June 4, 2003
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Robert Greenstein
Executive Director

Iris J. Lav
Deputy Director

Board of Directors

David de Ferranti, Chair
The World Bank

John R. Kramer, Vice Chair
Tulane Law School

Henry J. Aaron
Brookings Institution

Ken Apfel
University of Texas

Barbara B. Blum
Columbia University

Marian Wright Edelman
Children’s Defense Fund

James O. Gibson
Center for the Study of Social Policy

Beatrix Hamburg, M.D.
Cornell Medical College

Frank Mankiewicz
Hill and Knowlton

Richard P. Nathan
Nelson A Rockefeller
Institute of Government

Marion Pines
Johns Hopkins University

Sol Price
Chairman, The Price Company (Retired)

Robert D. Reischauer
Urban Institute

Audrey Rowe
ACS, Inc.

Susan Sechler
Rockefeller Foundation

Juan Sepulveda, Jr.
The Common Experience/
San Antonio

William Julius Wilson
Harvard University

Upcoming Federal Welfare Law Could Force Additional Cuts

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Many states are making significant cuts in their welfare and child care programs, a new Center study finds, including programs to help families move from welfare to work.  Even deeper cuts could be in store if the legislation Congress is crafting to renew the 1996 welfare law imposes new requirements on states but does not provide the new money needed to help meet these requirements.

Among the programs states are cutting are those that provide child care for low-income working families, help welfare recipients find jobs, or fight teen pregnancy.  Programs to help the most disadvantaged families, such as those facing eviction or with drug abuse problems, also have been cut.

At least 15 states have scaled back efforts to help welfare recipients improve their skills and find jobs or are proposing to do so.  At least 32 states have made or are proposing measures to make child care less accessible, either by making certain families ineligible, creating waiting lists, increasing co-payments, or reducing provider payments.  At least 11 states have cut, or are proposing to cut, assistance to families with the most severe problems.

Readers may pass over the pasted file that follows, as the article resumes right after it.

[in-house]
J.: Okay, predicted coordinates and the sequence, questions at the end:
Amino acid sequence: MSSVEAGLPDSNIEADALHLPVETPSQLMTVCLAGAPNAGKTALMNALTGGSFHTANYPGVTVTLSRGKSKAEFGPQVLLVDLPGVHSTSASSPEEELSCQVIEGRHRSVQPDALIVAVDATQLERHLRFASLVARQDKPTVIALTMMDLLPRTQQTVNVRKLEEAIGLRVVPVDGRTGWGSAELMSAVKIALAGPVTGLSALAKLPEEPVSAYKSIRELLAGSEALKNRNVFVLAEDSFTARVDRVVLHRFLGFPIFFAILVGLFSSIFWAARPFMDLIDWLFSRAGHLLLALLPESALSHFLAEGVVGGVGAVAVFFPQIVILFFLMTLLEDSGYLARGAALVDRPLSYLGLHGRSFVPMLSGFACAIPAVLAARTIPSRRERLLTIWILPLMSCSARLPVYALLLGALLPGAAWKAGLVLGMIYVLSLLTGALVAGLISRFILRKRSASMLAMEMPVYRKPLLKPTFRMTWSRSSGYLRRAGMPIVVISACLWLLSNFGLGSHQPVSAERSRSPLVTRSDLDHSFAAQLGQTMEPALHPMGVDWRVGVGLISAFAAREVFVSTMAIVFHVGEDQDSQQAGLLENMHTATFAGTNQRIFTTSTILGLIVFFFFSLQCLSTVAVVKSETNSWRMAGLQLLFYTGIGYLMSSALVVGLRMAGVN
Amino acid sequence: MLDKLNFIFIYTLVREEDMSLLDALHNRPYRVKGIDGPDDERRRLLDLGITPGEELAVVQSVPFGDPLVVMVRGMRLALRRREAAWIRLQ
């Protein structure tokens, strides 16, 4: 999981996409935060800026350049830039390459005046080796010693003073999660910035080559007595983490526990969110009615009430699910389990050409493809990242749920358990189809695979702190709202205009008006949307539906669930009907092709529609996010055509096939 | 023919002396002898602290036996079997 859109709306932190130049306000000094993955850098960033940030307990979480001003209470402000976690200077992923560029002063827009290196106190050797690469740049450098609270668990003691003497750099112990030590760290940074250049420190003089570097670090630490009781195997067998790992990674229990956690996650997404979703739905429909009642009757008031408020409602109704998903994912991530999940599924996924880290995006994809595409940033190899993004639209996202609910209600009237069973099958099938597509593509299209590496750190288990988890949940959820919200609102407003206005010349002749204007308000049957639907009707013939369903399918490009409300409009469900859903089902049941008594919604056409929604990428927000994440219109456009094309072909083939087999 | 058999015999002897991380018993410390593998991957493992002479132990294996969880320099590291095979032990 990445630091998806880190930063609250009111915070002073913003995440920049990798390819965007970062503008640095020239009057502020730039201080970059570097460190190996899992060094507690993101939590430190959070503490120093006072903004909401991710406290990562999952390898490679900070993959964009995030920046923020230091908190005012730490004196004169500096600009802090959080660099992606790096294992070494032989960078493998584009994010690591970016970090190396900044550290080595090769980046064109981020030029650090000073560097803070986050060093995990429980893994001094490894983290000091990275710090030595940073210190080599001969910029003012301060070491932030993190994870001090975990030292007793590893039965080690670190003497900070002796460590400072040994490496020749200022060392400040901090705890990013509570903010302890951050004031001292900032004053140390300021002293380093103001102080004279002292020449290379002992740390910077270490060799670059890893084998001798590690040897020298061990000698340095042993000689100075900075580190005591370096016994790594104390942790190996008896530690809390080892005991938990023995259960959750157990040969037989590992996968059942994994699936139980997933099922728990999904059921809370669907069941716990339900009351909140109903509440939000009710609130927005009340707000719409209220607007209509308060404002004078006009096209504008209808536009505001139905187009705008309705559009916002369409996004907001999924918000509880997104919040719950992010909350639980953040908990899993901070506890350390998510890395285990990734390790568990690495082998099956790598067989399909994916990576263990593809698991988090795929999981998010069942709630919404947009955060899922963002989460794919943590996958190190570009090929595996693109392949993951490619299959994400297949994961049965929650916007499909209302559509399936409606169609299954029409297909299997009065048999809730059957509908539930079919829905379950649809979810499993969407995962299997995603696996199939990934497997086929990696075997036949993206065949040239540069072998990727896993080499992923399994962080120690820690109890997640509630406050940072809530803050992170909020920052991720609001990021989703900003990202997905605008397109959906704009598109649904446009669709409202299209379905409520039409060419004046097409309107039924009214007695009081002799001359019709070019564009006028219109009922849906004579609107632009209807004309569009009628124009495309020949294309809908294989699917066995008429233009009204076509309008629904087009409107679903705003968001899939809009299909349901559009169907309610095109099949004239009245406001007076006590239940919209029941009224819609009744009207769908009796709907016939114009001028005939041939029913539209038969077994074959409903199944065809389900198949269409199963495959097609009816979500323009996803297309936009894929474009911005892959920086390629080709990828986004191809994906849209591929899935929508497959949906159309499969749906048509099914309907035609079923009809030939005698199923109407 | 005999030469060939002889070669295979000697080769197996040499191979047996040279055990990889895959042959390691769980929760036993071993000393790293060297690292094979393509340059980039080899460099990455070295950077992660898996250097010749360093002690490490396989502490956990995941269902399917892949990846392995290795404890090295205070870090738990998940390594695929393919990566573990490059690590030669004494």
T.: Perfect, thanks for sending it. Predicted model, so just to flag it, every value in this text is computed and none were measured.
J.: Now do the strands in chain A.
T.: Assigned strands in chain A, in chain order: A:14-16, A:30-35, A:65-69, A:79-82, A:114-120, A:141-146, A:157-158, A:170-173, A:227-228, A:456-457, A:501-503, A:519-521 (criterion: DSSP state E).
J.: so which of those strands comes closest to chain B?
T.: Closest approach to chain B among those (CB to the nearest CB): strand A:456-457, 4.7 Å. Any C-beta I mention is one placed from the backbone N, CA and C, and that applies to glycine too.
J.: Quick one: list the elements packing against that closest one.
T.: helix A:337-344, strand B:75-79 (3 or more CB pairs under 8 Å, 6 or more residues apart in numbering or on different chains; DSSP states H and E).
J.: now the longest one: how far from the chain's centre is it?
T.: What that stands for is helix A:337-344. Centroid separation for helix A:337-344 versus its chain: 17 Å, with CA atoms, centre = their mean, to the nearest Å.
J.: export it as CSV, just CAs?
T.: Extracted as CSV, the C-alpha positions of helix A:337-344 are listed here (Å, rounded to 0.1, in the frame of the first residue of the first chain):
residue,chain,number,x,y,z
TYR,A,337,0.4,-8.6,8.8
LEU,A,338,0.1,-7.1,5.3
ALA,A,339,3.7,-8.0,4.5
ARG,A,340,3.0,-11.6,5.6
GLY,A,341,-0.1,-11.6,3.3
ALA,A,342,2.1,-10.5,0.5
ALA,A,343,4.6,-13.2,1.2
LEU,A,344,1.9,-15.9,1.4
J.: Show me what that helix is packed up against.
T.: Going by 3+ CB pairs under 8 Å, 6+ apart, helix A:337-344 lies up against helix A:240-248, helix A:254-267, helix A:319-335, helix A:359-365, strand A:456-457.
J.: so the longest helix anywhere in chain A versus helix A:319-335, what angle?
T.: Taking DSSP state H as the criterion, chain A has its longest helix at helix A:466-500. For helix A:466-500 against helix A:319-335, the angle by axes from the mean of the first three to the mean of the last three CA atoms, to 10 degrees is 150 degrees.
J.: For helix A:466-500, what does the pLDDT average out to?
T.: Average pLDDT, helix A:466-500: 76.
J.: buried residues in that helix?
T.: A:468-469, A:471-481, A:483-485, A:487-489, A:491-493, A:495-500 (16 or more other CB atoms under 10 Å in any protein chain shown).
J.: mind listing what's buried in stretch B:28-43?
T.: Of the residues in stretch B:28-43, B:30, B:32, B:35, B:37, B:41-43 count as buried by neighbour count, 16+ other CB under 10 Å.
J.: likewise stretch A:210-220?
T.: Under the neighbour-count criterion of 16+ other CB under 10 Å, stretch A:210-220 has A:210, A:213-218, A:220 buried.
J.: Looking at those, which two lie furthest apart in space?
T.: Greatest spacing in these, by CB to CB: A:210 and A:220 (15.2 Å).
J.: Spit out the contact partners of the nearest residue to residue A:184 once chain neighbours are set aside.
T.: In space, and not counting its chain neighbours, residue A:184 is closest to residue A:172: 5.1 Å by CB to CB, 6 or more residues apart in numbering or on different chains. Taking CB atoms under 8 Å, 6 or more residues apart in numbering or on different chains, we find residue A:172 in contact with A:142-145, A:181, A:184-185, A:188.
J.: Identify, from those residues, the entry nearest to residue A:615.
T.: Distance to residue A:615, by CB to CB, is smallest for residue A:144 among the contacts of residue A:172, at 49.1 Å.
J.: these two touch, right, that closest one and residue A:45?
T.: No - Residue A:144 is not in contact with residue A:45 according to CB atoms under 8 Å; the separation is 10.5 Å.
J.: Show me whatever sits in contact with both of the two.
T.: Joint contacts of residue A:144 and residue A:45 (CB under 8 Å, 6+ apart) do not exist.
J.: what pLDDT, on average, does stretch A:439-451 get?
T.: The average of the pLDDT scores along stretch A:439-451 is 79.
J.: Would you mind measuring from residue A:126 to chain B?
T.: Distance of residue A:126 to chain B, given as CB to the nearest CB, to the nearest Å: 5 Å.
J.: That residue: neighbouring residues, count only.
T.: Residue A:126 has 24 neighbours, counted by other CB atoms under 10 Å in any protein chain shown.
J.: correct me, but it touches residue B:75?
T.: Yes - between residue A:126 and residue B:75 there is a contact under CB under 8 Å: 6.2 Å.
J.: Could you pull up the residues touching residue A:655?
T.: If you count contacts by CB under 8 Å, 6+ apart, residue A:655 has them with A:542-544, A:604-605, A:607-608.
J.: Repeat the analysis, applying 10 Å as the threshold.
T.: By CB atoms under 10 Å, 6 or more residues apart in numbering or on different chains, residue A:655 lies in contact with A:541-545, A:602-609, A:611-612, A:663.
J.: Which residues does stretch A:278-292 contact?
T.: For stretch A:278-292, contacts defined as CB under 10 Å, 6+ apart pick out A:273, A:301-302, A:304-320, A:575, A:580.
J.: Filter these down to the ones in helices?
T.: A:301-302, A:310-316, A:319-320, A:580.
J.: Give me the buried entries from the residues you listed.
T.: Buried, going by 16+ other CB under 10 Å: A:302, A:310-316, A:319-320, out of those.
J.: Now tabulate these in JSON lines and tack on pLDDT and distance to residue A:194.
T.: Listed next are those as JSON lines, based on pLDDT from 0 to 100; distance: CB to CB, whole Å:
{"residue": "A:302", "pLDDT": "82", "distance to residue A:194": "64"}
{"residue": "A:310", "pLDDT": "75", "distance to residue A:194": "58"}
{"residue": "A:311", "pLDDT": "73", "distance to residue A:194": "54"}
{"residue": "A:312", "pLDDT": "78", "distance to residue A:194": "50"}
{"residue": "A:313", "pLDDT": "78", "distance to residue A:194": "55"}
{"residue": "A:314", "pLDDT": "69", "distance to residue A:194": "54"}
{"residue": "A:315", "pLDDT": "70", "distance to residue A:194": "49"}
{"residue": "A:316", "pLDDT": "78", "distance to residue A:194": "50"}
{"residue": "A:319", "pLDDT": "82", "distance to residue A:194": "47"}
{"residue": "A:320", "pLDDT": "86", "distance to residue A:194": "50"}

State Cuts Raise the Stakes of Federal Welfare Legislation

Little public attention has been paid to the state cuts despite their implications for ongoing deliberations over a new welfare bill.  A bill the House passed earlier this year would force states to spend an extra $6 billion to $9 billion over the next five years to meet tighter work requirements for welfare recipients, according to the Congressional Budget Office.  Yet the House bill would freeze states’ basic welfare grants (which haven’t increased since 1997) for five more years, and the bill’s small increase in child care funding would not compensate even for the increase in child care costs due to inflation.  The Senate has yet to pass a welfare bill.

“States already are being forced to weaken the very programs that are critical to welfare reform’s success,” stated Sharon Parrott, the Center’s director of welfare reform policy.  “It’s up to Congress to decide whether it wants to accelerate this trend of weakening successful programs, or provide the resources states need to help parents find jobs and support their families.”

One reason for the state cuts is that most states have used up most or all of their leftover federal welfare funds from prior years.  Another reason is the budget crisis most states now face.  That crisis is leading states to cut other programs as well:  some 1.7 million low-income individuals will lose health coverage if Medicaid cuts being made or considered in 22 states are enacted, according to a recent Center report.  (See

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The Center on Budget and Policy Priorities is a nonprofit, nonpartisan research organization and policy institute that conducts research and analysis on a range of government policies and programs.  It is supported primarily by foundation grants.